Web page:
Special Report: IT Salary Survey 2015

IT Salary Survey 2015: Highlights

Key findings from our survey of more than 4,800 IT professionals, including salary trends, in-demand skills, job satisfaction, career outlook and more.

Computerworld: IT Salary Survey 2015 [cover slide]
Credit: Computerworld
Taking the pulse of IT pros

How do tech workers feel about their pay, workloads and long-term career prospects? What are job seekers looking for, and which technical skills are most in demand among managers hiring for IT positions in 2015? Computerworld's 29th annual IT Salary Survey found those answers and more.

We polled 4,863 IT professionals, 99% of whom report being employed full time. Some 47% say they work in management, while 53% characterize themselves as IT staffers. The average age of all respondents is 47.

Read on for highlights from the 2015 results, including respondents' thoughts on the state of the IT industry.

Computerworld: IT Salary Survey 2015  >  An Uptick in Pay
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Strong compensation gains

After several years of slow gains, we're seeing notable compensation increases for IT pros in a range of positions. Average total compensation (salary plus bonus) increased 3.6% in 2015, compared to an average of 2% in the three preceding years. And those raises are spread among more respondents: 67% of 2015 respondents report receiving a salary increase, compared with 60% in 2014, 57% in 2013 and just 47% in 2012.

Those who received bumps in their base salaries attribute them to standard salary increases (58%), job performance (36%), cost of living increases (19%), additional/new responsibilities (11%) and internal promotions (10%), among other reasons. The most common types of bonuses received by respondents were annual (29%), performance (25%) and profit-sharing (14%) bonuses.

[ Read the full report: Computerworld IT Salary Survey 2015 ]

Computerworld: IT Salary Survey 2015  >  Hot Skills
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Skills in demand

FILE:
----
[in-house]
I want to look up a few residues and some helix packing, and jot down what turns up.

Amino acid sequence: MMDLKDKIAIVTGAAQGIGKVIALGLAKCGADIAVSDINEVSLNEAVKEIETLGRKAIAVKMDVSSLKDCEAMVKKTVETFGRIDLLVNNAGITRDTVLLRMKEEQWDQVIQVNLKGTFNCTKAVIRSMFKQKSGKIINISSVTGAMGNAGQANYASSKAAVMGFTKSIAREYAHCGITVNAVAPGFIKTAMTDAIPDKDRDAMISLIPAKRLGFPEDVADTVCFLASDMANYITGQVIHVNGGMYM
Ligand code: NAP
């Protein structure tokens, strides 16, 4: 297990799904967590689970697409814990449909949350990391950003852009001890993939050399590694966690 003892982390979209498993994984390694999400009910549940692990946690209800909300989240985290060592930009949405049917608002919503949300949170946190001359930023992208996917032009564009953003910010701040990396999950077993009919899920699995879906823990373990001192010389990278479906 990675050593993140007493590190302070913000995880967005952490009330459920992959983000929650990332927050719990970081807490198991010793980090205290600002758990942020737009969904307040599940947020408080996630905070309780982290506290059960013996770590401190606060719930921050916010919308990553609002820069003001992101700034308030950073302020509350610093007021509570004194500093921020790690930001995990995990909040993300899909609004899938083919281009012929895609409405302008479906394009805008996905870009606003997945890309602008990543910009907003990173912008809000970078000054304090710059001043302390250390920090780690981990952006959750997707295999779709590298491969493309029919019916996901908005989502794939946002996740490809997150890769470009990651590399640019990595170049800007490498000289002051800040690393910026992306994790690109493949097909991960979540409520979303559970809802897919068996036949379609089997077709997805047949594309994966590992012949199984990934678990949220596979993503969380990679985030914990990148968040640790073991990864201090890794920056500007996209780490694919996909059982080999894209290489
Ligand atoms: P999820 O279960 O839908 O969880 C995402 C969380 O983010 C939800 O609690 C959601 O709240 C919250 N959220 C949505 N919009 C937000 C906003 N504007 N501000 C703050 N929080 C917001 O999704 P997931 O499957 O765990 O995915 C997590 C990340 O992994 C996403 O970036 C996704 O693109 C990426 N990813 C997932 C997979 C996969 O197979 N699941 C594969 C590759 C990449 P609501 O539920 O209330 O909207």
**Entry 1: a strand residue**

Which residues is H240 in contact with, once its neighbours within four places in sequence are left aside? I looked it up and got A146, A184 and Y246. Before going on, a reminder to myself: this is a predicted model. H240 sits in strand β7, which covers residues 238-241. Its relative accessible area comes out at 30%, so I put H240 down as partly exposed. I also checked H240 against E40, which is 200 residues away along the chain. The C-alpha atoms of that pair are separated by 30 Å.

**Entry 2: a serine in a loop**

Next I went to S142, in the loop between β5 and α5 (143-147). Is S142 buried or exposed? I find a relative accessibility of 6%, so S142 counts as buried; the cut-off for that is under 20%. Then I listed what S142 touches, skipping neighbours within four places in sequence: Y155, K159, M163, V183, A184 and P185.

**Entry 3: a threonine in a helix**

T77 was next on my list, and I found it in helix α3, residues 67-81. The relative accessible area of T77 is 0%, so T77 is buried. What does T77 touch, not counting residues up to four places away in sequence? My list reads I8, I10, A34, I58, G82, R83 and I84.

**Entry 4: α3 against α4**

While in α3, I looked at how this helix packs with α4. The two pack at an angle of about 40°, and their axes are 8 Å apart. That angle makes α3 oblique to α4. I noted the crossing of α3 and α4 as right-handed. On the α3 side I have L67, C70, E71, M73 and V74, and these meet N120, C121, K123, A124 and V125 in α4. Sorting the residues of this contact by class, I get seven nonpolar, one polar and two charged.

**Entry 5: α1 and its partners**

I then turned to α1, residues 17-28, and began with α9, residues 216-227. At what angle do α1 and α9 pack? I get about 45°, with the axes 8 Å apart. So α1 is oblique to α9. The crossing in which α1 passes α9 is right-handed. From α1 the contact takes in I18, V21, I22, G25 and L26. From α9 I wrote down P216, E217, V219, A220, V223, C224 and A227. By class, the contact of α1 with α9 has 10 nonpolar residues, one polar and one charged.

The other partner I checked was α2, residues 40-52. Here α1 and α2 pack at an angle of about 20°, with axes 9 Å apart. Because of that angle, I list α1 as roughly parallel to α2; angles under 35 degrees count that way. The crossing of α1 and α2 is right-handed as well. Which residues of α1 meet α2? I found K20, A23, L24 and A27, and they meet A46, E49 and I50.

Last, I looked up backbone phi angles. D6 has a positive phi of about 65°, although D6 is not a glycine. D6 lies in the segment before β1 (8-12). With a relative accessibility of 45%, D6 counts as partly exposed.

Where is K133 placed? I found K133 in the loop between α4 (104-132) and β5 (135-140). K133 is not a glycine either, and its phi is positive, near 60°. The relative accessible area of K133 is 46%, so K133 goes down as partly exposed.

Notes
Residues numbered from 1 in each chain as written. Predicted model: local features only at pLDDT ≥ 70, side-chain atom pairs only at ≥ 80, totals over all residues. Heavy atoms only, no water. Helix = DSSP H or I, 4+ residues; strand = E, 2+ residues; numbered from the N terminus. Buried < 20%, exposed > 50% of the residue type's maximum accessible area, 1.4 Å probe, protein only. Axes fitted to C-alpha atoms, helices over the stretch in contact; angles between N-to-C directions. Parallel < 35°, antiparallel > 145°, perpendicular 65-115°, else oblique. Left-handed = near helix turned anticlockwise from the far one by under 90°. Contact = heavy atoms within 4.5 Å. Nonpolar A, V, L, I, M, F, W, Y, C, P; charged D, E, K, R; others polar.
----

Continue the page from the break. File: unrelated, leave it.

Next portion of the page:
A major factor in the rise in salaries is the increasingly competitive hiring market. Some 43% of managers who responded to our survey say they expect their organization's IT staff head count to increase in 2015, up from 38% in 2014.

Of those who are planning to hire this year, 64% say that the majority of open IT positions at their organization are highly skilled specialist jobs, while 31% say the majority of openings are staff or entry-level.

Application development remains the most in-demand skill, selected as a growth area by 41% of managers who plan to hire IT staff in the next 12 months. Other hot skills include help desk/IT support, business intelligence/analytics and security. (See "IT careers: Security talent is red-hot.")

Managers note that they've been having a hard time filling open positions in the past two years: 36% say it's taken 3 months to 6 months to fill open positions, while 15% say it's taken more than 6 months.

[ Read the full report: Computerworld IT Salary Survey 2015 ]

Computerworld: IT Salary Survey 2015  >  Some Ready for a Change
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Thinking about jumping ship

As the job market heats up, some IT professionals are beginning to look around and wonder what else might be out there for them. While nearly half of survey respondents intend to stay put, 6% are seeking a new job within their own organization, 37% are passively looking elsewhere and 9% are actively looking for a job elsewhere.

Some 58% of respondents report that an IT-related hiring organization or headhunter has approached them about job opportunities in the past year.

[ Read the full report: Computerworld IT Salary Survey 2015 ]

Computerworld: IT Salary Survey 2015  >  Reasons for Looking
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Seeking better pay, challenges and more

No surprise: Money is a big motivator for IT professionals. Among survey respondents looking for a new job, 60% say they're motivated by higher compensation. And 74% of all respondents — not just those looking for a new job — say a salary increase would entice them to change jobs.

Many job hunters also say they're seeking career advancement, more interesting or challenging work and/or more personal fulfillment.

[ Read the full report: Computerworld IT Salary Survey 2015 ]

Computerworld: IT Salary Survey 2015  >  Satisfaction: Money
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Pay grade

Despite rising salaries and bonuses, only about half of survey respondents (52%) report they are satisfied or very satisfied with their total compensation, while one quarter say they are dissatisfied or very dissatisfied. When asked how they felt about their compensation 12 months ago, 15% said they were more satisfied back then, while 21% were less satisfied with their pay a year ago.

Just 22% of respondents feel that their salary is keeping pace with business growth and demands. And when asked if they think they are paid fairly, 54% say they are underpaid based on their roles and responsibilities — up slightly from 52% in 2014 and 51% in 2013 and 2012.

In terms of overall financial picture, more than one third (39%) of our respondents feel that they have stayed flat over the past two years of their career, 35% believe they have gained ground, and 26% feel they have lost ground.